Ancient Japanese textbooks have recommended it, e.g. to improve concentration. In addition, today, its healing powers are the subject of much scientific research.

    Brewing Time: 2-3 minutes

    Brewing Temperature: 80° C

    Read more: 3 Green Tea Pairing Tips for Beginner

    Read more: Green Tea 101

    3. Oolong Teas

    Oolong is a semi-fermented tea produced in China through a unique process of withering and oxidation prior to curling and twisting. Its secret lies in the fermentation of the leaf’s outer edges, while the heart of the leaf remains unfermented. In fact, the extent of oxidation of the teas will produce very different taste and aroma.

    Oolong tea is very popular among the Chinese community in south China and Southeast Asia. Indeed, some of the most famous Oolong teas are such as Tie Kuan Yin and Da Hong Pao.

    Brewing Time: 1 to 2 minutes

    Brewing Temperature: 80° C

    Read more: 2 Oolong Tea Pairing Tips for Beginner

    4. Herbal and Fruit Teas

    Generally, there are many types of herbs and it is non-caffeinated. In fact, ancient civilisations have treasured and recommended herbal teas for their beneficial effects on the nerves and internal organs.

    On the other hand, the basic ingredients of fruit tea are apple, hibiscus and rose hip. A tea master can mix herbs or fruit teas with different types of teas to create a fun and fruity tea blend. However, in recent times, more types of ingredients have been used to create exciting new flavours.


    Brewing Time: 4 to 5 minutes

    Brewing Temperature: 100° C

    5. Matcha

    Matcha is a Japanese green powdered tea that is harvested from shade-grown tea leaves which are high in chlorophyll levels. Therefore, it has a complex and rich taste with smooth finishing. We do highly recommended it for its tremendous health benefits.

    Brewing Time: 1 to 2 minutes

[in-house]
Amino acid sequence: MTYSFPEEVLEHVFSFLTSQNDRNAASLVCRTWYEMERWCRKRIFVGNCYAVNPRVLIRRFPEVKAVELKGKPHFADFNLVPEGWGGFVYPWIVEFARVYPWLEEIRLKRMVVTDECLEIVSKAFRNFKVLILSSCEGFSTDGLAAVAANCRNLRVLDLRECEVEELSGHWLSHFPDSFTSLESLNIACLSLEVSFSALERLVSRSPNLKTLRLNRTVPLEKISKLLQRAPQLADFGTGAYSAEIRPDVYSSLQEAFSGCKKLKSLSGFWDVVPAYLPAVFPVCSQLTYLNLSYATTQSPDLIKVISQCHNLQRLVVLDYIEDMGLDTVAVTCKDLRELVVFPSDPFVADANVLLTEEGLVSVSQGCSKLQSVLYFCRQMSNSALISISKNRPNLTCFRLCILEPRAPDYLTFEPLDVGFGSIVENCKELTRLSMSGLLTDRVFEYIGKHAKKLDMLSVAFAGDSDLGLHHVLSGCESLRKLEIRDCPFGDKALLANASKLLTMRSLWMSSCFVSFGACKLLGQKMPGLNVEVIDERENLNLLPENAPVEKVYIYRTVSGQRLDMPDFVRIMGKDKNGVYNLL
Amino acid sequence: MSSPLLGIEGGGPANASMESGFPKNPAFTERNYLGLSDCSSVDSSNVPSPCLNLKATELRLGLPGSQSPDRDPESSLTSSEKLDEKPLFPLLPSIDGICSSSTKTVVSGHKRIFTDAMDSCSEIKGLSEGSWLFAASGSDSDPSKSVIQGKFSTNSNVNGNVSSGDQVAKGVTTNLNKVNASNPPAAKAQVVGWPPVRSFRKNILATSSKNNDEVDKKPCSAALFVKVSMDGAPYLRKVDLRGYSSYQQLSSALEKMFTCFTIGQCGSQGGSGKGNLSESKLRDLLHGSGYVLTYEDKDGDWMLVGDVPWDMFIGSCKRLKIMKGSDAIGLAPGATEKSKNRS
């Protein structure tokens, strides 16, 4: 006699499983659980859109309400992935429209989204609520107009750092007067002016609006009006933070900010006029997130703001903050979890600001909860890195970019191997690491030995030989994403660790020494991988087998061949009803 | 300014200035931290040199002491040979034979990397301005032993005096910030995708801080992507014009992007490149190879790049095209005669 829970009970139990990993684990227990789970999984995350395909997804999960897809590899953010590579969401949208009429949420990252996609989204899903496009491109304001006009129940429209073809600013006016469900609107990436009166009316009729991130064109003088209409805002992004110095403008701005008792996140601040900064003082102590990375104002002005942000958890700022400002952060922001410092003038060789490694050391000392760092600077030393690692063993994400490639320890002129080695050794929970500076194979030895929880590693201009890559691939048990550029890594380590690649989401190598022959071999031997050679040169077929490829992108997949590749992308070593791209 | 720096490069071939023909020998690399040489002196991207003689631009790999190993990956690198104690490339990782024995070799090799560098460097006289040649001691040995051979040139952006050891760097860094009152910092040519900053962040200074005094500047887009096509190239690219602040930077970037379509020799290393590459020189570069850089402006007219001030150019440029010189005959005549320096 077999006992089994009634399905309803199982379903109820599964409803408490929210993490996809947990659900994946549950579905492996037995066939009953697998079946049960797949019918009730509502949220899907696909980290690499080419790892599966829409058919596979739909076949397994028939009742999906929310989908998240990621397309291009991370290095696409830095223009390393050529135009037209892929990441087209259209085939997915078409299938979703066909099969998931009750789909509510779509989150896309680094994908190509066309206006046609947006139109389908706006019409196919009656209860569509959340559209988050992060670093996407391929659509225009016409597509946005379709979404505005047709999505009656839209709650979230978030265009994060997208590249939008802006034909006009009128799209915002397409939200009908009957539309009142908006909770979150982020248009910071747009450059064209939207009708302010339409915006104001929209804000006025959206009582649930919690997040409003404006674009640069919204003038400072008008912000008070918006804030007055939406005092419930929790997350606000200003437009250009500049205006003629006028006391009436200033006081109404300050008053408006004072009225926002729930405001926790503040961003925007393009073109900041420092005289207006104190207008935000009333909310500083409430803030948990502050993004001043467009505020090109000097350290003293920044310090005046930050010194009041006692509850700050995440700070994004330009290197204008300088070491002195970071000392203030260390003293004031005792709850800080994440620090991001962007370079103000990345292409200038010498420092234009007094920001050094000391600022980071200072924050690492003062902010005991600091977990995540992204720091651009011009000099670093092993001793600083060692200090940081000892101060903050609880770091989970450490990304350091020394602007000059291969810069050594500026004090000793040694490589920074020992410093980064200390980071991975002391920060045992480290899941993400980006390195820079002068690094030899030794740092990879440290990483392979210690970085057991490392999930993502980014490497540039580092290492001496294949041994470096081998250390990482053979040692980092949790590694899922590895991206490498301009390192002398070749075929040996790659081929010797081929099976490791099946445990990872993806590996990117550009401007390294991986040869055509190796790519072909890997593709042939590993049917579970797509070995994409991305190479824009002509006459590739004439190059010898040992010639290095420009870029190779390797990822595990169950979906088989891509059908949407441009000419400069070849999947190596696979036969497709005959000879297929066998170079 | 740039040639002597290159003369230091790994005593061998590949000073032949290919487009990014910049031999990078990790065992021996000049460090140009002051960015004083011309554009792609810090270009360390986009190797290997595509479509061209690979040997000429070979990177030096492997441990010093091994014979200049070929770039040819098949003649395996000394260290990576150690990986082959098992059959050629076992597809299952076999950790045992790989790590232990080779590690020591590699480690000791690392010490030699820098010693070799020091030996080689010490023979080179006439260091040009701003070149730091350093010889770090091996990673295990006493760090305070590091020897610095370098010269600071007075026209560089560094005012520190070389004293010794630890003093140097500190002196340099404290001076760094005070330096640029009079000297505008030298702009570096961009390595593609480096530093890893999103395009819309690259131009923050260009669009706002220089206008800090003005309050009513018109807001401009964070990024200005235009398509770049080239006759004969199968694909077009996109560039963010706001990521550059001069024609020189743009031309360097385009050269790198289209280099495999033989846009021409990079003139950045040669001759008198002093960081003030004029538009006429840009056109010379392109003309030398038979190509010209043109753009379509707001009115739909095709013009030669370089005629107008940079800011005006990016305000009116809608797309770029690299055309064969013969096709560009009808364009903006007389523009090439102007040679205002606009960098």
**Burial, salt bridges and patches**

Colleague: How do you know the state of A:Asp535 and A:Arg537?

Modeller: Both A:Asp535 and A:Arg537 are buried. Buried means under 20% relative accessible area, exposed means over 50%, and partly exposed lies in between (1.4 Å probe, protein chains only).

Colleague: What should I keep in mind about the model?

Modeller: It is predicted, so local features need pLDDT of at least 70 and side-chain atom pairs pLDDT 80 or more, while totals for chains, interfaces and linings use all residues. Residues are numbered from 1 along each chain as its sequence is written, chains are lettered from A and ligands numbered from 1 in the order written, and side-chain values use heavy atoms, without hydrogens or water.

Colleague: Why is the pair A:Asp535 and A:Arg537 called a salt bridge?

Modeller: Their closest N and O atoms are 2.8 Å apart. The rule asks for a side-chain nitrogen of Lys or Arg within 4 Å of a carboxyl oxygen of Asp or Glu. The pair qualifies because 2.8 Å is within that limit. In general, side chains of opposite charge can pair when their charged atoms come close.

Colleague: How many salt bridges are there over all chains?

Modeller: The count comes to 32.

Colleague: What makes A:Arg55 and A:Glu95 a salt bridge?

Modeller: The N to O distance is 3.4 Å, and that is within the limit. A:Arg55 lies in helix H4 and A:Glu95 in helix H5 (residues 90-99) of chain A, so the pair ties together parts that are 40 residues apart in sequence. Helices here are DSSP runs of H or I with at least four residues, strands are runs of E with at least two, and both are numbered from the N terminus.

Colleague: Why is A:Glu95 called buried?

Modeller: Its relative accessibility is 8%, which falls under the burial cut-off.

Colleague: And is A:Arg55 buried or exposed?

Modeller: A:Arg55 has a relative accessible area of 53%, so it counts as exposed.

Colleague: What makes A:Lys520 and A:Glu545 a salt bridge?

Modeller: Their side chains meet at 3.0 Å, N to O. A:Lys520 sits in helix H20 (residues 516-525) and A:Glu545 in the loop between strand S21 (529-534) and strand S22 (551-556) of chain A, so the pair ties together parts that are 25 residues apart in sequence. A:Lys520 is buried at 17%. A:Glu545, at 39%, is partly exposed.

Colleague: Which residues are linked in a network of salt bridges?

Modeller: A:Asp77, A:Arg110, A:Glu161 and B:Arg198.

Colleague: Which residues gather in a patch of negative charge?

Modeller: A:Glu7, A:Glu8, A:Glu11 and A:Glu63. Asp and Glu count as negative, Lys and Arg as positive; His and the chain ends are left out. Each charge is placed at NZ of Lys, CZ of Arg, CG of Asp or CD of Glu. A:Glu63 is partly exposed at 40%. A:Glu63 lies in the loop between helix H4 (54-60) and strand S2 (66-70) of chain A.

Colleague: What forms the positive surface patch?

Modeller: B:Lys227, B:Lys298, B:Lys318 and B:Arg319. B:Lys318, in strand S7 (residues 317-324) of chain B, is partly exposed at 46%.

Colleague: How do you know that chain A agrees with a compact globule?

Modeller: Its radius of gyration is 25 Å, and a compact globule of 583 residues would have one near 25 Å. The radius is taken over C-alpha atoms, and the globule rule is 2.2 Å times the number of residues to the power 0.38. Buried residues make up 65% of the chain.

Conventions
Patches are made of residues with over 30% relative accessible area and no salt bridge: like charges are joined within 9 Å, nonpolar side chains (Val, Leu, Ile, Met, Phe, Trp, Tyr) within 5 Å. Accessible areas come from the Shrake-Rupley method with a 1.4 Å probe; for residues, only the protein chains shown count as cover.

Brewing Temperature: 80° C

    Read more: Matcha 101

    Please share and comment below if these tips have been very helpful to you. 

    If you want more insight into the history, origin and types of teas, then scroll down and sign up to download your FREE pdf.

     

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    5 Tips to Get Past a Full Day of Work Without Dozing Off

    5 Tips to Get Past a Full Day of Work Without Dozing Off

    Work blues got you dozing off? Feeling sluggish and working from home because of restrictive movement caused by Covid19?

    Getting scolded by your boss for not picking up calls? Here are a few tips to stay awake at home without your usual coffee shots.

    1. Turn the lights up

    Maximize your body’s exposure to light.The circadian rhythm, which responds to light – or lack of, regulates our bodies greatly. Therefore, the brighter it is at work, the more likely your body will excrete the right hormones for you to stay alert and productive. Also open all the windows and turn on all the neon lights you can. Don’t forget to increase your screen brightness. 

    2. Music

    Listen to the right kind of beats as music acts as a stimulant for our brains.. ‘How do you sleep’ by John Lennon may not be the best option.  In fact, if the extra focus is what you need, classic instrumental music works best. On the other hand, if an extra motivational jolt is required, try hip hop, dance, or electro beats. Remember, plug in those earphones so you don’t distract your family!

    3. Snack right

    Go for low Glycemic Index (GI) foods that can sustain energy for a longer period of time. Slow digesting carbs high in protein and fiber are good bets, e.g. nuts, fruits, peanut butter & protein bars. Equally important, avoid sugary snacks/drinks that will cause you to crash and burn after an initial rush.

    4. Get moving